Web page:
Wednesday, March 20, 2013

How To Make Tiny Buttons

I like this photo tutorial...great tips from this doll maker about making buttons out of polymer clay for your small scale dolls.

Friday, March 15, 2013

Tutorials About Making Fantasy Fins & Wings

There are many ways to make wings or fins for a fairy or mermaid doll. Something fun to 'play' with...who has every seen a real one? Let you imagination go free!
Liquid Polymer Clay:
Transparency Sheet:

Smooth, Smooth, and Smooth Some More

A smooth doll looks so much nicer and is easier to blush andpaint. You can smooth while you are sculpting polymer clay or after you have baked your doll. Here as some smoothing aides to try:

Smoothing unbaked clay with alcohol or mineral oil
After the sculpt is completed, you can gently wipe larger areas of the unbaked clay with alcohol prep pads (get at a pharmacy) to smooth, remove fingerprints and lift specks of dust. Some doll makers use a mineral oil based products on a brush (such as baby oil, Sculpey Smoothing Oil or hand lotions).  There are many products used by doll makers; however, just keep in mind that mineral oil based products and alcohol based products soften the surface of polymer clay so read the ingredients label and use with a light hand and with some caution.  Experiment to see if you like what they do.

Smoothing partially baked clay with Sculpey Clay Softener or a mineral oil based based product and extra fine grit sanding pads (such as Magic Eraser) to smooth partially baked clay. The doll is coated with the softener or oil prior to sanding. The clay is very fragile at this stage so be extra cautious.

Smoothing cured clay with Acetone: To finish smoothing your doll, use a Q-tip dipped into acetone (get a hardware store). Acetone dissolves the surface of polymer clay so only use a tiny amount. Don't acetone the face because you could lose the doll's features that you worked so hard to sculpt. If you get too much acetone on the clay, it will leave a whitish layer; you have to immediately wipe it off and redo.

Monday, March 11, 2013

Another Method Of Sculpting A Hand

This tutorial demonstrates sculpting a hand by attaching separate fingers to the palm. Try them all and find what works for you.

Friday, March 8, 2013

Series Bake? Partial Bake? Spot Bake? Cure?

Confused? These are terms you will see used by doll makers to describe baking their polymer clay doll as they are sculpting it. Each technique has a purpose depending on what the person is trying to accomplish. Here are our attempts at some 'not-very-technical' descriptions of these  terms:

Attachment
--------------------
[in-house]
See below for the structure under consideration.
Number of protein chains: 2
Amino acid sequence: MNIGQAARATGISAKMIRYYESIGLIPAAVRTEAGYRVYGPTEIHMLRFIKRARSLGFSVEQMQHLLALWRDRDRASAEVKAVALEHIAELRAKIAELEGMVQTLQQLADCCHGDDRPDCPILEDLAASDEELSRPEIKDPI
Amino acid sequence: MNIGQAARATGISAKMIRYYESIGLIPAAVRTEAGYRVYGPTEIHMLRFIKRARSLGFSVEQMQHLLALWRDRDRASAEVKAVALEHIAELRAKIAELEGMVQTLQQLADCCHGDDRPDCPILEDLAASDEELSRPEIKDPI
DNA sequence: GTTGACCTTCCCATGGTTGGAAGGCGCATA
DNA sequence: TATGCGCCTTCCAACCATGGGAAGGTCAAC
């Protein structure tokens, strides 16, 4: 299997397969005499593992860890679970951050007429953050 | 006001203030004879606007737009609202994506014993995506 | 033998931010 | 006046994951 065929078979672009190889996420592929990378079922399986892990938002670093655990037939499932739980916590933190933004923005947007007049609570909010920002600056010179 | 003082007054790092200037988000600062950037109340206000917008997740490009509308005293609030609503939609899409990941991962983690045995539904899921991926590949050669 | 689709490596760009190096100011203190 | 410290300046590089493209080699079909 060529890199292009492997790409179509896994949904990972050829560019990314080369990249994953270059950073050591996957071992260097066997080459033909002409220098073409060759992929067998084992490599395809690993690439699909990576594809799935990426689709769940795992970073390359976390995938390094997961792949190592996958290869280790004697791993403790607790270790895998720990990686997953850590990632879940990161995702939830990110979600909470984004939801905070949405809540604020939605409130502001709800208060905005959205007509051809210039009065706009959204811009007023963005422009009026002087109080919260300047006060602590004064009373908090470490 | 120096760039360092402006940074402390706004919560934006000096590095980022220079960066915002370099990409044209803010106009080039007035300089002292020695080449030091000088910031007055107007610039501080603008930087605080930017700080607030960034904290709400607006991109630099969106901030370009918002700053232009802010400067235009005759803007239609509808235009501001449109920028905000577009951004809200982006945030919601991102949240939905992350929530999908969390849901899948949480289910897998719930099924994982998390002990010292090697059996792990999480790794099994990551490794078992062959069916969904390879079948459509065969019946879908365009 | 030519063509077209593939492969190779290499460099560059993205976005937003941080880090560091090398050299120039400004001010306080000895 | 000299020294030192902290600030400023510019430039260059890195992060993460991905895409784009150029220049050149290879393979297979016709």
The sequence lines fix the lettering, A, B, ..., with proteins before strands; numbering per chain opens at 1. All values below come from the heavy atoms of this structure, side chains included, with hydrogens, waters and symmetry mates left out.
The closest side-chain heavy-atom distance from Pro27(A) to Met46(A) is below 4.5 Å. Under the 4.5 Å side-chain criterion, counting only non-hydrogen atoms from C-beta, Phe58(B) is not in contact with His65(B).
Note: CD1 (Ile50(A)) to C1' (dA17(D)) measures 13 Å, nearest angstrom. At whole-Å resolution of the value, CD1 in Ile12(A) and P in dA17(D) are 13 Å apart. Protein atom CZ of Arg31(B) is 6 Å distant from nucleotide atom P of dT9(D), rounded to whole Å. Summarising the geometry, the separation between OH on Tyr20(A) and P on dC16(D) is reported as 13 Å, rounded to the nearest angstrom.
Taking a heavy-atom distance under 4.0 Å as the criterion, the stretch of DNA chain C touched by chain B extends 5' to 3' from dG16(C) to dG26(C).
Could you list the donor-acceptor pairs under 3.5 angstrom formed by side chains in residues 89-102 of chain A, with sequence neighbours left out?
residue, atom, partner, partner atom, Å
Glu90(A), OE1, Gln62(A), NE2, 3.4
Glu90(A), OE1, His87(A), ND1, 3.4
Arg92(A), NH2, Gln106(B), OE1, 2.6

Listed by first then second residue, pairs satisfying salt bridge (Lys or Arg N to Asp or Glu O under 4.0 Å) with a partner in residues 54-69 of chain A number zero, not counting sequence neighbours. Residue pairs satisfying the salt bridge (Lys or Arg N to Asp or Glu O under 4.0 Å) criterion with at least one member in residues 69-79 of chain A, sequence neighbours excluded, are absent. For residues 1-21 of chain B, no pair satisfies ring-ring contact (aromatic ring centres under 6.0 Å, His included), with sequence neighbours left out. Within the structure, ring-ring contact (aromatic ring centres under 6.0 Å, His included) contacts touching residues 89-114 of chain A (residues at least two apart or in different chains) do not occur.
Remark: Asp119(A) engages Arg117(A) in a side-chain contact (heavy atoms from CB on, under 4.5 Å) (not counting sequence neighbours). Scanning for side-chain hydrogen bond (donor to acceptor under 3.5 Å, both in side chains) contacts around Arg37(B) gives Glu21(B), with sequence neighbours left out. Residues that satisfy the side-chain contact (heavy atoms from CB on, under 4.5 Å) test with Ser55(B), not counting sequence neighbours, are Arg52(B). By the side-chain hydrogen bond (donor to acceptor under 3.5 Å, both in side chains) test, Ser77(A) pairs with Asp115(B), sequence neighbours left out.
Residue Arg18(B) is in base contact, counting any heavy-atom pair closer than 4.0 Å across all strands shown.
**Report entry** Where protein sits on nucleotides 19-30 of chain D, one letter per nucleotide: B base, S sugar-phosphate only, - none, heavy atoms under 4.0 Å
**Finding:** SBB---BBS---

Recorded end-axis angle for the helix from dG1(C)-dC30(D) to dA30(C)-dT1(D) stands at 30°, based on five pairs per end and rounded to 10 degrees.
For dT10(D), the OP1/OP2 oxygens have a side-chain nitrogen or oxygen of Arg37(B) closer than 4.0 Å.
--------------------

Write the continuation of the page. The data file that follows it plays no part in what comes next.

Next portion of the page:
partial baking = baking raw clay at a lower temperature then the manufacturer's directions for a short amount of time to firm-up raw clay but not cure it, so the clay is 'firmer' but remains very fragile.
Use = to begin a series baking sequence or to ready raw clay for using a craft knife to shave off clay; such as for finishing fingers, etc.
series baking =  is partial baking done more then once. Use = firming a part and then adding new raw clay parts, such as firming a torso and then adding limbs or hands, and re baking.
spot baking = is using a heat gun on a small 'spot' to partial bake only the top layer of raw clay (super heating is a special spot baking technique but using a much higher temperature). Use = make a place on a raw clay doll stable so doesn't deform when sculpting another place.
cure = is baking at the full recommended temperature for the full amount of time (per depth of clay) to harden and strengthen polymer clay. The time and temperature is written on the clay packaging and is different for different brands or type of clay. Some doll makers cure each part rather then partial bake as they use the series baking technique. Use = the final bake before the last smoothing of a cured polymer clay doll by scraping, sanding and finishing with acetone.

Saturday, March 2, 2013

Baby Head - WIP

This video is approx 30 minutes long and demonstrates each step.  Bring it up to full screen; it's great for follow along sculpting. Try it!

Making A Foil Undersculpt

When making a doll from polymer clay, it is best to keep the clay about 1/4 to 3/8 inch thick so that it bakes uniformly. To do that, you form an under-sculpt over your armature wire. The under-sculpt can be made of polymer clay, sculpting epoxy or foil. It also provides a firm surface under the soft clay as you are sculpting, helping to avoid distortion. This doll maker demonstrates making a foil under-sculpt for a baby doll's head:

About 3 Of The Liquid Polymer Clays

The three liquid polymer clays we know of are Kato Liquid Polyclay, FIMO Decorating Gel and Translucent Liquid Sculpey (often referred to as TLS).  Kato, FIMO and Sculpey liquid clays are different products and have different uses. For example, Sculpey can be used as 'glue' between layers of cured and uncured polymer clay.
Unbaked, FIMO Decorating Gel looks clear, transparent and the viscosity is thin whereas Kato and TLS are rather opaque, white and the viscosity is thick. When baked, FIMO is clear, shiny and has some flexibility. The Sculpey and Kato stay a little cloudy, have a matte finish and expand a little  while baking. Of course, the translucent quality of any liquid clay depends the thickness of the application or the type of material you add to it such as, metallic powders, paint or glitter. 
To learn more about these products, see them used and the results of their qualities that were tested, check out these web sites:

Friday, March 1, 2013